When you want to dig into your herbalism and wish to understand it more thoroughly, you’ll want to get yourself a copy of Medical Herbalism: The Science Principles and Practices Of Herbal Medicine. Written by David Hoffmann, FNIMH, AHG, this manual gives the more serious herbalist a look at herbs with a thorough and scientific approach without stripping that something unexplainable that happens when we use herbs as medicine. Hoffman starts the book with overviews on phytochemistry, pharmacology, and the formulation and preparation of herbal medicine. He then takes the reader on a tour of treatment approaches by body system, providing specific remedies and prescriptions. This section of the book is quite easy to use and to reference. With 250 pages of such useful remedies (a 650-page manual in total), it also includes a full material medica and additional sections such as “Phytotherapy and Children” and “Herbal Actions”.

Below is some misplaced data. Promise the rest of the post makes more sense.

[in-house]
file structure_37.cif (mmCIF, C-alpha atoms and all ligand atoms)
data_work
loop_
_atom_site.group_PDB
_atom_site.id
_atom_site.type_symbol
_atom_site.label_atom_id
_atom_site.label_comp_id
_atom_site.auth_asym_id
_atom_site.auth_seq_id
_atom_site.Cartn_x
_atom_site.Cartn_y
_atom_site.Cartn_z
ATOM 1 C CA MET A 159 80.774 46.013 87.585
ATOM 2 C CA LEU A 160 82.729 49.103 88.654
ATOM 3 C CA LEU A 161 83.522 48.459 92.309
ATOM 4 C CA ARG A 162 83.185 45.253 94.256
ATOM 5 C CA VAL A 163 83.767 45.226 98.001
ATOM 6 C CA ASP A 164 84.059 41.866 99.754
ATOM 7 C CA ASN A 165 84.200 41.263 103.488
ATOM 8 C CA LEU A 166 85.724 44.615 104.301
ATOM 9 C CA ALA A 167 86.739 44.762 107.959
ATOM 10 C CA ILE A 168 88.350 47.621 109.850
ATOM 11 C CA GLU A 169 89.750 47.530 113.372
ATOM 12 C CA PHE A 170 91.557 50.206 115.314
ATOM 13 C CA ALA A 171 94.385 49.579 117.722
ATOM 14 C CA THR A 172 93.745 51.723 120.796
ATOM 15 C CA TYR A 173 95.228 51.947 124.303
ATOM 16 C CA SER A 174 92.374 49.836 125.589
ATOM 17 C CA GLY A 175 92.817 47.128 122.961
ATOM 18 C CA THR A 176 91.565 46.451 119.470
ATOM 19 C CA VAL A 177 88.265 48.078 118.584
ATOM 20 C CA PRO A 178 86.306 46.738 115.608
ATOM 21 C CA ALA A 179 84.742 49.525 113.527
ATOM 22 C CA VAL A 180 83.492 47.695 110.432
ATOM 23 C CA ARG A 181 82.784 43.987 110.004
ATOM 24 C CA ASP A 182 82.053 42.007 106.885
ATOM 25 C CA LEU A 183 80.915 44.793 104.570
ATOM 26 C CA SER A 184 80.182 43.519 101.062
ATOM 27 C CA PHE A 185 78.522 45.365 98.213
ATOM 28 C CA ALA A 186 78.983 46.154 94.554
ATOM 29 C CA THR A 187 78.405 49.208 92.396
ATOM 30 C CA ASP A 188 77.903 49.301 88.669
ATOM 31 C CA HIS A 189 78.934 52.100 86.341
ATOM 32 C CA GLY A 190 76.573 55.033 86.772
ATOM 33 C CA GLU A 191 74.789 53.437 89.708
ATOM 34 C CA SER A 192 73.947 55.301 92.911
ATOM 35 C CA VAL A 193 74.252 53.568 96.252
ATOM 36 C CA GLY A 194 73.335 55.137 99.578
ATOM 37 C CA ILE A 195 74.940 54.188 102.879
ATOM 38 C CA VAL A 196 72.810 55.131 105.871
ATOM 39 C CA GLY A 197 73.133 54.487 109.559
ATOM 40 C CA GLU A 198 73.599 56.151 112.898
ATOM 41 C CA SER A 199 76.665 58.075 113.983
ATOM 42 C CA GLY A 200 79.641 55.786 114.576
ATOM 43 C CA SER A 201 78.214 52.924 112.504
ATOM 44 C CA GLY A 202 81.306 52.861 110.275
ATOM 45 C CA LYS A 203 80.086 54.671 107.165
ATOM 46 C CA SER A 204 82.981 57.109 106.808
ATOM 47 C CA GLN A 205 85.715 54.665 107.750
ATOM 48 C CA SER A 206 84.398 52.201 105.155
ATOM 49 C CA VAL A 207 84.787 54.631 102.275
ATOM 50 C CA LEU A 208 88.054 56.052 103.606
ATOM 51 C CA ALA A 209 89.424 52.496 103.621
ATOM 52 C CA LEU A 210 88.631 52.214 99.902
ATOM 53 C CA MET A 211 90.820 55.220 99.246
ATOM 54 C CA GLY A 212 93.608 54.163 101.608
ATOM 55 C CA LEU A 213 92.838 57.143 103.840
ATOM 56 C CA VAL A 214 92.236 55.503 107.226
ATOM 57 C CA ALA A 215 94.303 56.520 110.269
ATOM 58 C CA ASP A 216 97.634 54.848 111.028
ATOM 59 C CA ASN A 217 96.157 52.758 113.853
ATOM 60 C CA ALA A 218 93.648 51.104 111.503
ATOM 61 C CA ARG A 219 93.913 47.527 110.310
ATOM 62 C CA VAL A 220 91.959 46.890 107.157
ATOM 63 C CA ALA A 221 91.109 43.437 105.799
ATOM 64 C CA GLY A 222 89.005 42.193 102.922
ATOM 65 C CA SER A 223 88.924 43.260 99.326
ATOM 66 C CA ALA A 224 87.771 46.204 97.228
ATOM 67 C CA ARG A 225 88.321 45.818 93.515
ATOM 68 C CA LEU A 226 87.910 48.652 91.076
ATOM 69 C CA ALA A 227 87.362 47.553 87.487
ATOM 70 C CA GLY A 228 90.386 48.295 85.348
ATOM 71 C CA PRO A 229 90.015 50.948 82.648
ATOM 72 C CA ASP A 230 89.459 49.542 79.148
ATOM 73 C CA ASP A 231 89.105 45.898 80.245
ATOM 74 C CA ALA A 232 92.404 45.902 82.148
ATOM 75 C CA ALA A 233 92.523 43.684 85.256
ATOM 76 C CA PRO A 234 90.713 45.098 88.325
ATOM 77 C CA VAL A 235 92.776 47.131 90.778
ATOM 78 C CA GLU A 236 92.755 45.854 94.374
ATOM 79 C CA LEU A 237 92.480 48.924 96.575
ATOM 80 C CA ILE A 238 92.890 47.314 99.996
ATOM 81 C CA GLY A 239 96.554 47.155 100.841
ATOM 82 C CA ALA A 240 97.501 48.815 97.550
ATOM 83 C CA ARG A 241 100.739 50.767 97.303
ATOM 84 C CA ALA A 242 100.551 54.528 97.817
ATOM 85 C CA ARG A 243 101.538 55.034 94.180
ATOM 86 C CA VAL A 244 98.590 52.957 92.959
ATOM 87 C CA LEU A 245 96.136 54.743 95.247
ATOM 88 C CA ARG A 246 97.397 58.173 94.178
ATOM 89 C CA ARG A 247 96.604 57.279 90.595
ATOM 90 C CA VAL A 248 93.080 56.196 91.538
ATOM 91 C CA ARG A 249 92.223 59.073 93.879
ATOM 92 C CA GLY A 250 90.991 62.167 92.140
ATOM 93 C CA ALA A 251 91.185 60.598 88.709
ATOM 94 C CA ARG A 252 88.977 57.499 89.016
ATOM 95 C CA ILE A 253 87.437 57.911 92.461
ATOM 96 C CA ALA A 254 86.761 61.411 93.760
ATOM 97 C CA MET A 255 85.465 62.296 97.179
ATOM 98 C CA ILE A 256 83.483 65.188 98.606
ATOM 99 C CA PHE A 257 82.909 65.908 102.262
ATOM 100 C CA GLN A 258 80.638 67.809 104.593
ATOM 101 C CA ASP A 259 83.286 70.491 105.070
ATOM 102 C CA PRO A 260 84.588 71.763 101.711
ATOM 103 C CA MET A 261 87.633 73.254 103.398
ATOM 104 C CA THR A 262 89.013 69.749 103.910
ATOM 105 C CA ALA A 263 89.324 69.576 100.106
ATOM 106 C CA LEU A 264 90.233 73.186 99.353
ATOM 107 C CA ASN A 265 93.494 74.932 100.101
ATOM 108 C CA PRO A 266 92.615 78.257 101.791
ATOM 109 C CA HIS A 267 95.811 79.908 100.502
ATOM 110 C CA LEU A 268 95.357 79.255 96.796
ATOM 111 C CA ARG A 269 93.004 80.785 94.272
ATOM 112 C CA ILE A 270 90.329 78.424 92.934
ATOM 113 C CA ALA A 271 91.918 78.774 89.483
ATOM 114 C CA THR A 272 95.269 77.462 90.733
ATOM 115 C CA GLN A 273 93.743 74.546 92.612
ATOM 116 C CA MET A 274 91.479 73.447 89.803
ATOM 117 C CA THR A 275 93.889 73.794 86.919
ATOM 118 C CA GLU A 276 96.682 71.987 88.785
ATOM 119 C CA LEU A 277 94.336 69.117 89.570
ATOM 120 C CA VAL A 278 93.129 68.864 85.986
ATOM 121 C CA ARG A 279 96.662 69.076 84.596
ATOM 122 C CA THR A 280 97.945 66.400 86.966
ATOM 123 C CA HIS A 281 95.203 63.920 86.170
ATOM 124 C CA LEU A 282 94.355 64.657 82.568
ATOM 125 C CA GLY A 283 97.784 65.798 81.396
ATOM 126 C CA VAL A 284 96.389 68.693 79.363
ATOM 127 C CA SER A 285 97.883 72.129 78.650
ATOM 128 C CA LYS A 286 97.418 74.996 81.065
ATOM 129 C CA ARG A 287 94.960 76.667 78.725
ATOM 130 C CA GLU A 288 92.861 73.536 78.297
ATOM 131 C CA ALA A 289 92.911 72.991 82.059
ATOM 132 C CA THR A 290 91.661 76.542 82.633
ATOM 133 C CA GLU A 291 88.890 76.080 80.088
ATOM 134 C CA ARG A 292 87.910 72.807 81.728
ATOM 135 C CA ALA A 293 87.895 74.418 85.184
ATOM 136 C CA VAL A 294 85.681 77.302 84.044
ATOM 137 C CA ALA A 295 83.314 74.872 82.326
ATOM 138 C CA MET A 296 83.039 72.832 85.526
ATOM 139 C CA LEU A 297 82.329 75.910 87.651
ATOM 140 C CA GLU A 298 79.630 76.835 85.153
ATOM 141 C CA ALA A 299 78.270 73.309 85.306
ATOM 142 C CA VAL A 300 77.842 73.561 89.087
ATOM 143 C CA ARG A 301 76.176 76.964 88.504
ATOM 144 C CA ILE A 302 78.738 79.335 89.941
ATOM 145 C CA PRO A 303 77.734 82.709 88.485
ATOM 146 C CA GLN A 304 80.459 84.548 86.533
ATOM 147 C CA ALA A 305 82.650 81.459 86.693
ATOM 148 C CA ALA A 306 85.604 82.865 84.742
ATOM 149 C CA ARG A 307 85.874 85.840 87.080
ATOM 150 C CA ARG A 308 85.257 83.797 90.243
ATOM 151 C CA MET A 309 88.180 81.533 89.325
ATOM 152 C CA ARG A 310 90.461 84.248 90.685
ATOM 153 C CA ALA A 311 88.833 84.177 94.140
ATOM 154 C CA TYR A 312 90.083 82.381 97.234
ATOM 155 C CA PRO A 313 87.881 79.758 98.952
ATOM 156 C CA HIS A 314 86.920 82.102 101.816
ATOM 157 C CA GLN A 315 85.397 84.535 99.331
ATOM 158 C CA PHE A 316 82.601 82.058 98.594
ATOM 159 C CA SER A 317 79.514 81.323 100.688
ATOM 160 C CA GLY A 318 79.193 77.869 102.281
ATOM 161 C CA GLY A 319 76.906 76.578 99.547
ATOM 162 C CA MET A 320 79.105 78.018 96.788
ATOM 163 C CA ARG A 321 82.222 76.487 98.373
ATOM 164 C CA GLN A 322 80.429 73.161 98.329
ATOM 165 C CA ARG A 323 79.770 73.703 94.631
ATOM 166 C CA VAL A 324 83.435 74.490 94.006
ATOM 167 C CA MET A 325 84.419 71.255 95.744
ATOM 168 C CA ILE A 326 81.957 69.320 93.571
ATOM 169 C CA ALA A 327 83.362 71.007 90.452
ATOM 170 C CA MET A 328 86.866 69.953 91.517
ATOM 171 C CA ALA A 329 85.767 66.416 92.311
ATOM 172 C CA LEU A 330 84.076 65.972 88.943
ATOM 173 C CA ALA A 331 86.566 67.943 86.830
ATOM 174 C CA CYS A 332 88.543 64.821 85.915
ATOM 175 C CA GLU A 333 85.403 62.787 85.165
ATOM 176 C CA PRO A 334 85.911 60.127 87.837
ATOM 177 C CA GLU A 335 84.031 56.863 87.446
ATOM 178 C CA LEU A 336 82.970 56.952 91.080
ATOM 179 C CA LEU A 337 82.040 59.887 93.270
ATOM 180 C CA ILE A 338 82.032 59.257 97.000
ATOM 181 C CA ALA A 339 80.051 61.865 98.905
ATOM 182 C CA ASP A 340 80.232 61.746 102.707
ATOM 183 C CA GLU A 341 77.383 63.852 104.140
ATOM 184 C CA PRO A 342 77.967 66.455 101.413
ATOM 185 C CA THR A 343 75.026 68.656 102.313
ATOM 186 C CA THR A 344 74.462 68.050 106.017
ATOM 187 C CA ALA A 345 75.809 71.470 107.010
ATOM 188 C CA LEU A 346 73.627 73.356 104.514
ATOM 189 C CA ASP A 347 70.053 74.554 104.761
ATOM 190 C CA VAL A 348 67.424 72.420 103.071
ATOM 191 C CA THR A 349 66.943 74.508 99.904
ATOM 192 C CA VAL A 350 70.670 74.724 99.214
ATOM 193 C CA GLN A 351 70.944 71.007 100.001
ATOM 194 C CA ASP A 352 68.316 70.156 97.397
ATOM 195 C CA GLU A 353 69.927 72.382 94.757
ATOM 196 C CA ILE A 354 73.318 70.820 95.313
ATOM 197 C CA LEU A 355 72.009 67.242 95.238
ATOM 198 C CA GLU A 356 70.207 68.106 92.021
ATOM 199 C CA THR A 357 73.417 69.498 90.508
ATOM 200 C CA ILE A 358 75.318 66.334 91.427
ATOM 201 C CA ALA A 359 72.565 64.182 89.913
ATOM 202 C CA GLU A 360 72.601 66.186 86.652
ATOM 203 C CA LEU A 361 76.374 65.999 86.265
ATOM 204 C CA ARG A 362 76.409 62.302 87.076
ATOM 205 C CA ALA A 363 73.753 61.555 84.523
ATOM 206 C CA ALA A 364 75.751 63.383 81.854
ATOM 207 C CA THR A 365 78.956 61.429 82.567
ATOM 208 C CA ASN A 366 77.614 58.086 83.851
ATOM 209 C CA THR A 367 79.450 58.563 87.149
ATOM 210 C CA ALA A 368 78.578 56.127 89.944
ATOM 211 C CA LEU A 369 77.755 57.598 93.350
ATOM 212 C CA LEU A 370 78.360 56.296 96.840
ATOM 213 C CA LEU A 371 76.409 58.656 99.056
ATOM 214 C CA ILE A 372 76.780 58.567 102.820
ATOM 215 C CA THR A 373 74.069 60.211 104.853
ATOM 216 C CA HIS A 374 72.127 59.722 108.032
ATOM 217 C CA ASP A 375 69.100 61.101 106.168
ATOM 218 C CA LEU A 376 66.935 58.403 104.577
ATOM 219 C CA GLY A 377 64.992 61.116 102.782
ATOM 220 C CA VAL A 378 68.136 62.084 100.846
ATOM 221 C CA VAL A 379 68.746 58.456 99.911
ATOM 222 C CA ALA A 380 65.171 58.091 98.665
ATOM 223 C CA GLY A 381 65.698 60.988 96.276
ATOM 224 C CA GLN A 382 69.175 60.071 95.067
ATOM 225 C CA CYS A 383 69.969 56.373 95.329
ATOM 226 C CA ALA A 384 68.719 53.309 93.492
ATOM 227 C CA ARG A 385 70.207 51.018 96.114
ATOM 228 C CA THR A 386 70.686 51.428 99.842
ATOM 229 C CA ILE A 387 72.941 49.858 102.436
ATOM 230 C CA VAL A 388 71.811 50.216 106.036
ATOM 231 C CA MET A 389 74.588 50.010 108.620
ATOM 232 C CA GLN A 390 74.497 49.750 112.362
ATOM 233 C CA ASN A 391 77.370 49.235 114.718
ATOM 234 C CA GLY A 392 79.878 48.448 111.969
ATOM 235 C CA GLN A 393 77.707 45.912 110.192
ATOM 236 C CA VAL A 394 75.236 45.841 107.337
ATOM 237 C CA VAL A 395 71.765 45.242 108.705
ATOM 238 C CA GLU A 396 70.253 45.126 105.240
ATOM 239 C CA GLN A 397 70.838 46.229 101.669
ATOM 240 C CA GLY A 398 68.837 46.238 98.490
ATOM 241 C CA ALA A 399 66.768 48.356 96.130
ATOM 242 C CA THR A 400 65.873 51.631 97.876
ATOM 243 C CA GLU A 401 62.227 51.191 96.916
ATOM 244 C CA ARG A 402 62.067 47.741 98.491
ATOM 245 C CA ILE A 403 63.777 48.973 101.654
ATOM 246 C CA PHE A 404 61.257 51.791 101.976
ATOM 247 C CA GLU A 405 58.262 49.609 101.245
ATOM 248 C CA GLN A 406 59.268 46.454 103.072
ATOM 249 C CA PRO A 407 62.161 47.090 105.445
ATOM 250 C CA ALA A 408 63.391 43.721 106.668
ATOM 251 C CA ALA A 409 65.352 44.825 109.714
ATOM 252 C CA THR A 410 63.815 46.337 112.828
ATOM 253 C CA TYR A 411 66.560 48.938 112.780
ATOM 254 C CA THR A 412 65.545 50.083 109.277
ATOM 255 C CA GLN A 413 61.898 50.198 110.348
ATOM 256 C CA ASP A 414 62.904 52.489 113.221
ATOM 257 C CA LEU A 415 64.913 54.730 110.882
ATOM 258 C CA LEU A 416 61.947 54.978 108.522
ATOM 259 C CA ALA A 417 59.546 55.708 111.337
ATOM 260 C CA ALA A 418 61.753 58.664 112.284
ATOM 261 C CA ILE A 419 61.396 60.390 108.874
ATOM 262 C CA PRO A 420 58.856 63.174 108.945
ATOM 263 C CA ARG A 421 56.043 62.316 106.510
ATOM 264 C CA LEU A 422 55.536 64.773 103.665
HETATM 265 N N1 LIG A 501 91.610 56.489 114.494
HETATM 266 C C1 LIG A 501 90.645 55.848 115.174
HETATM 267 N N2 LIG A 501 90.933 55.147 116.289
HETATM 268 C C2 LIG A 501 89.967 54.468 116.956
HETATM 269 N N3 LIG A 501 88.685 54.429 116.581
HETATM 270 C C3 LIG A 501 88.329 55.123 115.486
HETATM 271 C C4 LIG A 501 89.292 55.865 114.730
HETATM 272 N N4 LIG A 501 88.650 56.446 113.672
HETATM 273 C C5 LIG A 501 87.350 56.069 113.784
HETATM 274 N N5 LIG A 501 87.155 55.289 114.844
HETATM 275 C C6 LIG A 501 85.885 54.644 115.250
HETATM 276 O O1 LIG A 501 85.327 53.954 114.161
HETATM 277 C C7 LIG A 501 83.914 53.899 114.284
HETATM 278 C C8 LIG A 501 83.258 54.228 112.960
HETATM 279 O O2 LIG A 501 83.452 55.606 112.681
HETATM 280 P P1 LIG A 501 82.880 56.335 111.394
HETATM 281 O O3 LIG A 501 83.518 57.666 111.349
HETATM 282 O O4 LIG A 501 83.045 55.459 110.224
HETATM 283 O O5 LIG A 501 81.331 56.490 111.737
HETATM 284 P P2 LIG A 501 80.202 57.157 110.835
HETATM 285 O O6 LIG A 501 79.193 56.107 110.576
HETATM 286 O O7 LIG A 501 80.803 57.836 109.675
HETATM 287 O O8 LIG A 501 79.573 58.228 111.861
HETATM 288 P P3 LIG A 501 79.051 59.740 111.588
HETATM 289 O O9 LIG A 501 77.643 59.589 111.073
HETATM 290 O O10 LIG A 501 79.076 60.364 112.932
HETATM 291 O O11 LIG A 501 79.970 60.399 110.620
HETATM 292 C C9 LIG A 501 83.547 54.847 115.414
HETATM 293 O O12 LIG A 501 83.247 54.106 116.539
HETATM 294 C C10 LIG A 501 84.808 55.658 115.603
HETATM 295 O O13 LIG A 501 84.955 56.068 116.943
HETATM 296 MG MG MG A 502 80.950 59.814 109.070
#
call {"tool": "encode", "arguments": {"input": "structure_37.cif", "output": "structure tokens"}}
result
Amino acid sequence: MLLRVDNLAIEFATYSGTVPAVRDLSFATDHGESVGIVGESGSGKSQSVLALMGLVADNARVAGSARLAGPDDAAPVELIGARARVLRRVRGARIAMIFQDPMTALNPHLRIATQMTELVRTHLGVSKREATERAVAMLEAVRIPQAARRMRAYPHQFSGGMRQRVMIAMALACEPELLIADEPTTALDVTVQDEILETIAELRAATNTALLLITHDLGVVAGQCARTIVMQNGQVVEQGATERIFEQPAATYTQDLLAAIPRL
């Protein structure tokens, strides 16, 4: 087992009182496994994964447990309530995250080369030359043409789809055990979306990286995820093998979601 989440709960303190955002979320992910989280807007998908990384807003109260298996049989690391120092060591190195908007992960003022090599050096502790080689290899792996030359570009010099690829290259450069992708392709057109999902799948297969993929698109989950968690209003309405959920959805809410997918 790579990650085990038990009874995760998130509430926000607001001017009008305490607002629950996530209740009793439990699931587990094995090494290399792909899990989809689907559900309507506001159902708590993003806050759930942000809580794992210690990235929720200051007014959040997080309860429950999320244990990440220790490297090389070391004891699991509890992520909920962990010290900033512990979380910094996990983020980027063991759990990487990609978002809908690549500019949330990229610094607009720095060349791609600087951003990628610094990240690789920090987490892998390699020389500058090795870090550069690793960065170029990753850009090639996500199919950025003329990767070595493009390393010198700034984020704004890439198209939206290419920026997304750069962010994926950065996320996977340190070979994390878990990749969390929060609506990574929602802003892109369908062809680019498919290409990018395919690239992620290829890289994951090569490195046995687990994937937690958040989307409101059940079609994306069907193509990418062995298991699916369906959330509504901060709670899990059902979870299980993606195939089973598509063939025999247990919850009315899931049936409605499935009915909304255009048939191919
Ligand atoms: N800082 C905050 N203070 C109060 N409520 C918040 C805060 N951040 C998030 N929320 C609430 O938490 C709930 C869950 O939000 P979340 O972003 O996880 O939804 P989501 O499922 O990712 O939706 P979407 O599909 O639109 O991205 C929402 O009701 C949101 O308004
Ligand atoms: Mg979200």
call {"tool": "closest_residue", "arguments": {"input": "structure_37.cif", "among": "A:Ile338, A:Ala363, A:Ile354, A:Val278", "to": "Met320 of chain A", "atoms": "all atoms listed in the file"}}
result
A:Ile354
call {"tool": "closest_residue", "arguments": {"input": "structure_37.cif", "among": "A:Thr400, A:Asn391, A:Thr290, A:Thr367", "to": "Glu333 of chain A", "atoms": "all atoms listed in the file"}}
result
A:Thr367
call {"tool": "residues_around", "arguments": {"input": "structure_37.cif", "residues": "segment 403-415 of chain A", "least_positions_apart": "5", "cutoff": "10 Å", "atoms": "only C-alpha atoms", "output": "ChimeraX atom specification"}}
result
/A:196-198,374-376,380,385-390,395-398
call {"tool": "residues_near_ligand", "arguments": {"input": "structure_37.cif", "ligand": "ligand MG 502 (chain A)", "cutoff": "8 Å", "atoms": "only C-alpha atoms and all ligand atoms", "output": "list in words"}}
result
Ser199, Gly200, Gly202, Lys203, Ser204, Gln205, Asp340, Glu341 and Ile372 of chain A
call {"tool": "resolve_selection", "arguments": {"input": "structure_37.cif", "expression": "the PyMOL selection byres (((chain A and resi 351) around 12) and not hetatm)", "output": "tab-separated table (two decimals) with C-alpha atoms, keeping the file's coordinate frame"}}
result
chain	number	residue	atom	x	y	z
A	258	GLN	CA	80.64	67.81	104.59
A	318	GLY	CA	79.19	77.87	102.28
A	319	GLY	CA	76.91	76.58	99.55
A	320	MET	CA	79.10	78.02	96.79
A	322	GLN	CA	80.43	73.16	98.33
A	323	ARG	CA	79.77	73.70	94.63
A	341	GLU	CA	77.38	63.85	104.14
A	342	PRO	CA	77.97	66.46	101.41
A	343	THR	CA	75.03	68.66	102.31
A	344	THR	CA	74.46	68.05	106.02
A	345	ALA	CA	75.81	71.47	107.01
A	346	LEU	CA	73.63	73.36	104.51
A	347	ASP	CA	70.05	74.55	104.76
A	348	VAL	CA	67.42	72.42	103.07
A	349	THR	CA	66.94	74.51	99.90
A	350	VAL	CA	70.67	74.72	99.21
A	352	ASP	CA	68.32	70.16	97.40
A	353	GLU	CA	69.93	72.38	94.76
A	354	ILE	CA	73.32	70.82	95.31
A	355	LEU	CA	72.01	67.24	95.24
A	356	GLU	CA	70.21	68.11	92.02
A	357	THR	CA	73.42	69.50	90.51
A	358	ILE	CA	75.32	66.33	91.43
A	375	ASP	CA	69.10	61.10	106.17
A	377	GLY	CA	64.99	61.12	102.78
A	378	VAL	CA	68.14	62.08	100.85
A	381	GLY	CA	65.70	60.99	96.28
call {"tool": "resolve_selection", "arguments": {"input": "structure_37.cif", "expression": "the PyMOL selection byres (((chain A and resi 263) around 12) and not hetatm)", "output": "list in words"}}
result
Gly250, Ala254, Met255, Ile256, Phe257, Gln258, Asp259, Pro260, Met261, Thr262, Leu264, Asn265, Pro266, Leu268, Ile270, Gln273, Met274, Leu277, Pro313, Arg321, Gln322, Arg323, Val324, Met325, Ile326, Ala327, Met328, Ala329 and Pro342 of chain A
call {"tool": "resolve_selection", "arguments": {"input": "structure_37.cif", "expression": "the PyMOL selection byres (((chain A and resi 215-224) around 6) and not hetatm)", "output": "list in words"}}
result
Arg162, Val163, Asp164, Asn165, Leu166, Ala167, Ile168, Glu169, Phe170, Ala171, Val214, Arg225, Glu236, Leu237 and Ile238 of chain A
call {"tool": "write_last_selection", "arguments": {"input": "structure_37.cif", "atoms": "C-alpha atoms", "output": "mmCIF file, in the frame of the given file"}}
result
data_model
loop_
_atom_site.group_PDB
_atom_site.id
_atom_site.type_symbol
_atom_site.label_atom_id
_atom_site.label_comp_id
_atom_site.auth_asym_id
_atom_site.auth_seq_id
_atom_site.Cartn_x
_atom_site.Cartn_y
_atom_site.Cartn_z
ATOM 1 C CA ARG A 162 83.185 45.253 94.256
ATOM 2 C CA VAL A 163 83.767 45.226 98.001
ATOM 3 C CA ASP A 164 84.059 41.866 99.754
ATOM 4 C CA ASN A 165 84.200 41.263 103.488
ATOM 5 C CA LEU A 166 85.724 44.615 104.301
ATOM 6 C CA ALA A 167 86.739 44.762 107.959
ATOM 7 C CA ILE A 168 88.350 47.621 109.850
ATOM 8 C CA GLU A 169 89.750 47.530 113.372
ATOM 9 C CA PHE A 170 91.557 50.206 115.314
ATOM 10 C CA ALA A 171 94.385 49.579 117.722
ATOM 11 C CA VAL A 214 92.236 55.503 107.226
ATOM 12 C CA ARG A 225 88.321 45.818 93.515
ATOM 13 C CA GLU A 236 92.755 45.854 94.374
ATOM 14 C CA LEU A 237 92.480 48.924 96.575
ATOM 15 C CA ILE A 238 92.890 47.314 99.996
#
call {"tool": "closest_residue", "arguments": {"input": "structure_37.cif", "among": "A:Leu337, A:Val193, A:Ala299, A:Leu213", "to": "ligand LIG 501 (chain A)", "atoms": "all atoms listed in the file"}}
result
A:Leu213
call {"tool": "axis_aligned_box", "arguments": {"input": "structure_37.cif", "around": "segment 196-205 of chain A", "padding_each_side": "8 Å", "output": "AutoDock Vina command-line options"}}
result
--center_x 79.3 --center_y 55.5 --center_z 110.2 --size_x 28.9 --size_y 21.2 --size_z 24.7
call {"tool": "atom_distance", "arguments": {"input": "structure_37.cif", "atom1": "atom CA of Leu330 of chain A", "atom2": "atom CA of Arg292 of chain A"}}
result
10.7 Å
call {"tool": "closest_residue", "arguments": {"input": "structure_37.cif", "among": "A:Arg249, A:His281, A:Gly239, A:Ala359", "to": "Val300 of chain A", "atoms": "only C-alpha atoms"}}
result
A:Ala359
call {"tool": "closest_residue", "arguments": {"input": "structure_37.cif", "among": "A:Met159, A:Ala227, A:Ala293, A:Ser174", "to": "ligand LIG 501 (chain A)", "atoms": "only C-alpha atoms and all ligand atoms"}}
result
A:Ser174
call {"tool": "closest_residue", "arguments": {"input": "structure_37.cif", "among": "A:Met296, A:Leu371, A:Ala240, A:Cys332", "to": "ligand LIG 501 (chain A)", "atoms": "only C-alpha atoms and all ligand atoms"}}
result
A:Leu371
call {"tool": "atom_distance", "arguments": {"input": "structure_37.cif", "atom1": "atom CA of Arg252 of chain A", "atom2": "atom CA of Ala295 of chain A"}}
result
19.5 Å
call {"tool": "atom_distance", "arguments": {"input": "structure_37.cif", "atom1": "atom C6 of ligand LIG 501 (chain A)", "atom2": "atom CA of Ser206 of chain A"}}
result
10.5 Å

I have a strange obsession – I read reference manuals cover to cover, straight through every page. So I don’t mind telling you I have not yet made my way through the entire manual. I have read much of the first half, however, and have spent time searching through the rest of the text to familiarize myself. This is no lightweight volume – it is loaded with such valuable insight that I will be taking my time reading the rest page by page. I’ve already found myself referencing it for a few remedy needs around the home and have also used it to reference remedies for others in need as well. This book has not even seen my bookshelf yet, and will probably maintain its place on the end table, even after I’ve finished reading it through, where I can grab it readily. Hoffmann’s style is straightforward and informative containing a fascinating depth, making Medical Herbalism a reference tool any herbalist will reach for without hesitation.
(Also by Hoffmann is The Herbal Handbook: A User’s Guide to Medical Herbalism which also looks like a reference worthy of checking out.)